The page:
Two Thoughts for Wednesday

don't compare

Bullying has become a very serious problem not just in schools but on the internet and through social media. The type of person who targets those they perceive as less or weaker are actually extremely insecure themselves as a rule.

They need to demean others in order to bolster their own flagging ego.  There are of course those who simply delight in the suffering of others and will go out of their way to cause harm but in the most part bullies are cowards who mock others to deflect from their own perceived shortcomings.

One of the hardest things children have to learn is that you can take that power from them by not caring about their opinion. This is a difficult thing to do, especially for teens, as peer pressure and the desire to fit in is an overwhelming force for most during this stage of their growth.

give away ass that can't be kissedThe sayings that I picked for today are not aimed at belittling those who suffer from insecurity, they are meant to point out that true strength comes from understanding that belief in oneself will provide more comfort and security than the opinion of others, especially those who do not wish you well.

This last little homily may be a tad on the blunt side but I have to say it does get straight to the heart of the matter. Remember they can only take what it is you allow them to.

There will be times when others will harm you be it physical or mental but you can still retain what it is that you consider important by refusing to allow the blows they deliver destroy who you are and who you wish to be.

48 thoughts on “Two Thoughts for Wednesday

    • Thanks for the reblog and I’m glad you agree, I was a bit worried that some may feel I was being a smidge harsh. [see there’s me worrying about what others think, sigh must learn to follow own advice :)]


  1. Bullying is a serious issue on so many levels – but is most publicly evident at the teenage level. When I was attending university at a major Canadian institution the professors were being bullied by the Executive Director – their jobs threatened if they didn’t comply with his orders (i.e. what they could teach and when and where). He also threatened to blackball them in the academic community so they would never work as a prof again, if they didn’t do what he wished, complained or tried to resign.The department had an inquiry done and then declared it secret and buried it- and left the situation unchanged. It was only when the newspapers got wind of it (someone leaked) and started inquiries , that the professors came forward (anonymously) and all told the same story – which the papers published.. Questions to the administration were rebuffed. The Exec eventually resigned under pressure and so did the Dean. All over bullying – in one of the most admired and prestigious universities in Canada. If you look close in our businesses and private lives or on TV or video games, you also find a lot of bullying. These kids are simply repeating what they are experiencing. We can focus on them and put as many programs in place as we want, and as long as we as adults both practice and condone bullying, it will continue to occur.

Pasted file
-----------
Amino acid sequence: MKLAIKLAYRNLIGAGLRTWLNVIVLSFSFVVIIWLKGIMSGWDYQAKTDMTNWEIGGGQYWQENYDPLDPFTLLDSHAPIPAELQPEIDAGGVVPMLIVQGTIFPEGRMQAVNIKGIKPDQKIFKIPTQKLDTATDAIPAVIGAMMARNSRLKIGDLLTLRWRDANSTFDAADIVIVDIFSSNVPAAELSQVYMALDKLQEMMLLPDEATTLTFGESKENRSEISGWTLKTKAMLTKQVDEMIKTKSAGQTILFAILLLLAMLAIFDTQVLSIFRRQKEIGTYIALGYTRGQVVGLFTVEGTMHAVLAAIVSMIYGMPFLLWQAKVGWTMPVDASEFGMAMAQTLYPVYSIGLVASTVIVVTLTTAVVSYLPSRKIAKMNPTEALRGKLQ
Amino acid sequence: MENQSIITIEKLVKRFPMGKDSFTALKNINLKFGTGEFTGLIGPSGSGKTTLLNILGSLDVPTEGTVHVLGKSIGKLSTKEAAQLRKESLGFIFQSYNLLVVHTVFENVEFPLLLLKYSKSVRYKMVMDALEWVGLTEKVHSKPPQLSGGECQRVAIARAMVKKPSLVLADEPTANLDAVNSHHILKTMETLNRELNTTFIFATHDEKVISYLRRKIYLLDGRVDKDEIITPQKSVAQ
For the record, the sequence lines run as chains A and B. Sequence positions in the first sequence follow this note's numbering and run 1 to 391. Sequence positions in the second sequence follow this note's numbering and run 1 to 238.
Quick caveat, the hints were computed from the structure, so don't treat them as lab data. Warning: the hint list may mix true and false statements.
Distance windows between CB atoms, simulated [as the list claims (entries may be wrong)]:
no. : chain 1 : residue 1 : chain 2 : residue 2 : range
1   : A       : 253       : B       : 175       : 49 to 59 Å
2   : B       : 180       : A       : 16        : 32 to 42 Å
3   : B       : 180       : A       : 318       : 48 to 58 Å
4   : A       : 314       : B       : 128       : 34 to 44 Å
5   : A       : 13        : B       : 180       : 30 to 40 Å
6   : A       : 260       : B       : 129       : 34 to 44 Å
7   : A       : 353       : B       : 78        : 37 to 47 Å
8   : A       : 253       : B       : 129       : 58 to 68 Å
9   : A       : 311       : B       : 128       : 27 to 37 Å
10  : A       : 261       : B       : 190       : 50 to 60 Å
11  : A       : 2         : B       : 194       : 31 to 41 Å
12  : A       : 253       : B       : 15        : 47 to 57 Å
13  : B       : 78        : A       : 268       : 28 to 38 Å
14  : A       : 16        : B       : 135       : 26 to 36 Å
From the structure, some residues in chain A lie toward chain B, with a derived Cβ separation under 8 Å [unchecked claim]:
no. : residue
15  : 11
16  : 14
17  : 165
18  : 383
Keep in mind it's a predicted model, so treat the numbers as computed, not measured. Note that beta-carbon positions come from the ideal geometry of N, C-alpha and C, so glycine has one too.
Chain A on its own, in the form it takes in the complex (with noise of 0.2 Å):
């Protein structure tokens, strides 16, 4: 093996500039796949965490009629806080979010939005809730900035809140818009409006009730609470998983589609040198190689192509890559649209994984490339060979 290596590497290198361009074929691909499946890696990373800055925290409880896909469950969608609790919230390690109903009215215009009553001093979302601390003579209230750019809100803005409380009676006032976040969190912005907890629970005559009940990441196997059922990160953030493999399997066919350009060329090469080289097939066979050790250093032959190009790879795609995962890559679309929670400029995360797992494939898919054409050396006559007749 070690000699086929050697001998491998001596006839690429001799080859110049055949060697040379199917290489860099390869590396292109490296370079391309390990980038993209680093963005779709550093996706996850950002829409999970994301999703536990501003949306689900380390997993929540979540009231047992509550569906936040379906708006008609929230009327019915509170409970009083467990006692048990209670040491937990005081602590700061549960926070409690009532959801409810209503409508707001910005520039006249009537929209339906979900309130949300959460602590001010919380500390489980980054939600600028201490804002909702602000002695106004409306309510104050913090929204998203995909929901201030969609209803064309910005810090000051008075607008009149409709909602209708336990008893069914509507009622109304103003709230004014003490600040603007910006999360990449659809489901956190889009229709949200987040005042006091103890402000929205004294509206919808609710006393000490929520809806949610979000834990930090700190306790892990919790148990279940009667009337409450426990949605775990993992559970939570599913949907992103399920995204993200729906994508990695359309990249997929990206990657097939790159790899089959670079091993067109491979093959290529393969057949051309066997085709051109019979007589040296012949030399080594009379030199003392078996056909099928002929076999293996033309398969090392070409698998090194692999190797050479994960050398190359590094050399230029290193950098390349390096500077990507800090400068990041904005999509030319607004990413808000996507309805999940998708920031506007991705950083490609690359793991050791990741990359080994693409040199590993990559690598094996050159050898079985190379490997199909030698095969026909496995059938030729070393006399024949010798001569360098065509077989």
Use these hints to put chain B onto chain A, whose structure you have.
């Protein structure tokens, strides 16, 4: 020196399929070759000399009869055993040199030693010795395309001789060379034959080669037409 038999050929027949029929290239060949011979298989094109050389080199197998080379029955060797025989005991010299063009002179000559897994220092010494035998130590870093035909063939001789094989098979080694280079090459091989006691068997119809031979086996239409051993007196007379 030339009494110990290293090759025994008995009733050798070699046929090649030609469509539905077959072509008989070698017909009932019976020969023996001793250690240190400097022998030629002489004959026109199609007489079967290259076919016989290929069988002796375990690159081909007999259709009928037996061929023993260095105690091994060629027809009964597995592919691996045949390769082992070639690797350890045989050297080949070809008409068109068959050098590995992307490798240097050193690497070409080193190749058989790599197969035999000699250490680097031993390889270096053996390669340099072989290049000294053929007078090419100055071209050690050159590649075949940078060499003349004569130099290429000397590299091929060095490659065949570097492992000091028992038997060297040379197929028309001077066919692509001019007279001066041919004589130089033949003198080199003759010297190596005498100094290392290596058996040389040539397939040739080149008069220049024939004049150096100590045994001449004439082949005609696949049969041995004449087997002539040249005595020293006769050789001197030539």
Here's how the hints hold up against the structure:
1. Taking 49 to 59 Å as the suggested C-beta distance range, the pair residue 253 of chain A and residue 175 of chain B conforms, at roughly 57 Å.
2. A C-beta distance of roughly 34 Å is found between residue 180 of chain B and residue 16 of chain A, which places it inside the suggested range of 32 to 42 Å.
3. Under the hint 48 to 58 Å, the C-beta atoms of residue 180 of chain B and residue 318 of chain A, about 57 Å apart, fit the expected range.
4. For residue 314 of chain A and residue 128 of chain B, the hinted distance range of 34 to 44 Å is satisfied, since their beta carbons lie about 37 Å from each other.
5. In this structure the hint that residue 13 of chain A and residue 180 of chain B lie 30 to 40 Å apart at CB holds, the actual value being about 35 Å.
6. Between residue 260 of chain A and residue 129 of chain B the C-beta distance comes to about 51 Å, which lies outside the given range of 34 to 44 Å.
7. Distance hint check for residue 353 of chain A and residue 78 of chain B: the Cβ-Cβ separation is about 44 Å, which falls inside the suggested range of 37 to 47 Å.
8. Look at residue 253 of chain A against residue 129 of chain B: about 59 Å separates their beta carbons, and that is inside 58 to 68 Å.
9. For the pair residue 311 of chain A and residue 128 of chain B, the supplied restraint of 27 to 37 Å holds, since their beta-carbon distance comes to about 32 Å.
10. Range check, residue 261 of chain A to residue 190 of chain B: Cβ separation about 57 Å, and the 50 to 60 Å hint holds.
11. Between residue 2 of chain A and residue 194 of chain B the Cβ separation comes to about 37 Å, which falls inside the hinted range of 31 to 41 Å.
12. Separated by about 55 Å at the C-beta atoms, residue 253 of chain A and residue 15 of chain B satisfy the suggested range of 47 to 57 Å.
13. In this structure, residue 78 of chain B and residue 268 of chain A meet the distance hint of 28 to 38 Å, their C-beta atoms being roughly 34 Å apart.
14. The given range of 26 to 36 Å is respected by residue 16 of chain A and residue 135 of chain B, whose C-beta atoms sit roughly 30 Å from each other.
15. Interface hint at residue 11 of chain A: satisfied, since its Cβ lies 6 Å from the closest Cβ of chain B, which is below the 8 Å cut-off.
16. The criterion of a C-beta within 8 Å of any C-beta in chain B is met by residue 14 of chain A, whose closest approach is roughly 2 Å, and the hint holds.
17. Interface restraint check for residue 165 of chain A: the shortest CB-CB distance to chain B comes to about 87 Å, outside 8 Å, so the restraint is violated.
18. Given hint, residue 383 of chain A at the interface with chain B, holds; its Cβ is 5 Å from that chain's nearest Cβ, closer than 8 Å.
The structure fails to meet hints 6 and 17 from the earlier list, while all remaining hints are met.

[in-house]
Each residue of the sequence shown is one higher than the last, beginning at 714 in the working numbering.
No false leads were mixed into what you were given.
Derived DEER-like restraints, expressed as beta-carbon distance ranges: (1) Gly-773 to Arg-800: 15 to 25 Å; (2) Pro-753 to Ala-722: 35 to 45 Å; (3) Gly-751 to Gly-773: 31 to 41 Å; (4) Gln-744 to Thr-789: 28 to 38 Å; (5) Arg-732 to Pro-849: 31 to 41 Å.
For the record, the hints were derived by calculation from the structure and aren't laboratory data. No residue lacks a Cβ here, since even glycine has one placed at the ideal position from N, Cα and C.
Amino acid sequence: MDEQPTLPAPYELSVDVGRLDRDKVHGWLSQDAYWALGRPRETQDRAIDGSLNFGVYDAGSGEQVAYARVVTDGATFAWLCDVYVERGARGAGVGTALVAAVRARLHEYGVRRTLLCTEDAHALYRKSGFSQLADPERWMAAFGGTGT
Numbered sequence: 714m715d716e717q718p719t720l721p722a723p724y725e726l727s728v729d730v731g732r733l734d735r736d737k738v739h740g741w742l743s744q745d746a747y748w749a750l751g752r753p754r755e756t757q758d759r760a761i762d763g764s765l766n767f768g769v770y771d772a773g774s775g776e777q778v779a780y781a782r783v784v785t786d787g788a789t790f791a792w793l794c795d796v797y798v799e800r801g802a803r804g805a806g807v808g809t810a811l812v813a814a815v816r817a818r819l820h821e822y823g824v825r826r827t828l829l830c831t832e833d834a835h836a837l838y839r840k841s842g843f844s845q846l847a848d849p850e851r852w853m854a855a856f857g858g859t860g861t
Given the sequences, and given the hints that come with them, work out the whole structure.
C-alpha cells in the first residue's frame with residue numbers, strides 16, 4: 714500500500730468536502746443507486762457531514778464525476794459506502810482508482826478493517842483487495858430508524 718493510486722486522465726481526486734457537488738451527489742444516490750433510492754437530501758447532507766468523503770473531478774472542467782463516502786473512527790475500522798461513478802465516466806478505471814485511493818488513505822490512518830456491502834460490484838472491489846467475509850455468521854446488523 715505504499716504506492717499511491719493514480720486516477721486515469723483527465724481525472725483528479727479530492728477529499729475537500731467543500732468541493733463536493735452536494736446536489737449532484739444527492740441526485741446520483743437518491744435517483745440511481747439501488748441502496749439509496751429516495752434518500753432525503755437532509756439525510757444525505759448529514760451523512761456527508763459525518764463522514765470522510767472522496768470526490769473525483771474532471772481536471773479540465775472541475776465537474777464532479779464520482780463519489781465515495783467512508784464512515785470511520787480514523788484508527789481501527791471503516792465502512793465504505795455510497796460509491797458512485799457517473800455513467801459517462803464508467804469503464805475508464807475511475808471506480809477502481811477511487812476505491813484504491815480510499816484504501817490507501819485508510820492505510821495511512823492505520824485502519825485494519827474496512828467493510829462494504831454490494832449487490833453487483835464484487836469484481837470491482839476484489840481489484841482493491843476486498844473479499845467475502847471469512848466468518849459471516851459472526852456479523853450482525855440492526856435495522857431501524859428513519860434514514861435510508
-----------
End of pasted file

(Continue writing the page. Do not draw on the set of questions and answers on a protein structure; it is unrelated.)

Great post Jenni. There’s a lot of work to be done in this area in our society and it’s important that everyone continue to raise awareness and maintain alertness. Thank you.


    • That’s terrible that such a thing could occur at the university, although what I know of academia does tend to lend itself to the idea of a snake-pit at times so I guess I shouldn’t be so surprised. Still it shouldn’t happen anywhere but life seems to be devolving into the haves and the have nots, those who have power, those who don’t and power means a great many things. Money is power, information is power, education is power, even a community is power – all of these things can be a positive force and yet we seem determined as a species to take them to the worst ends.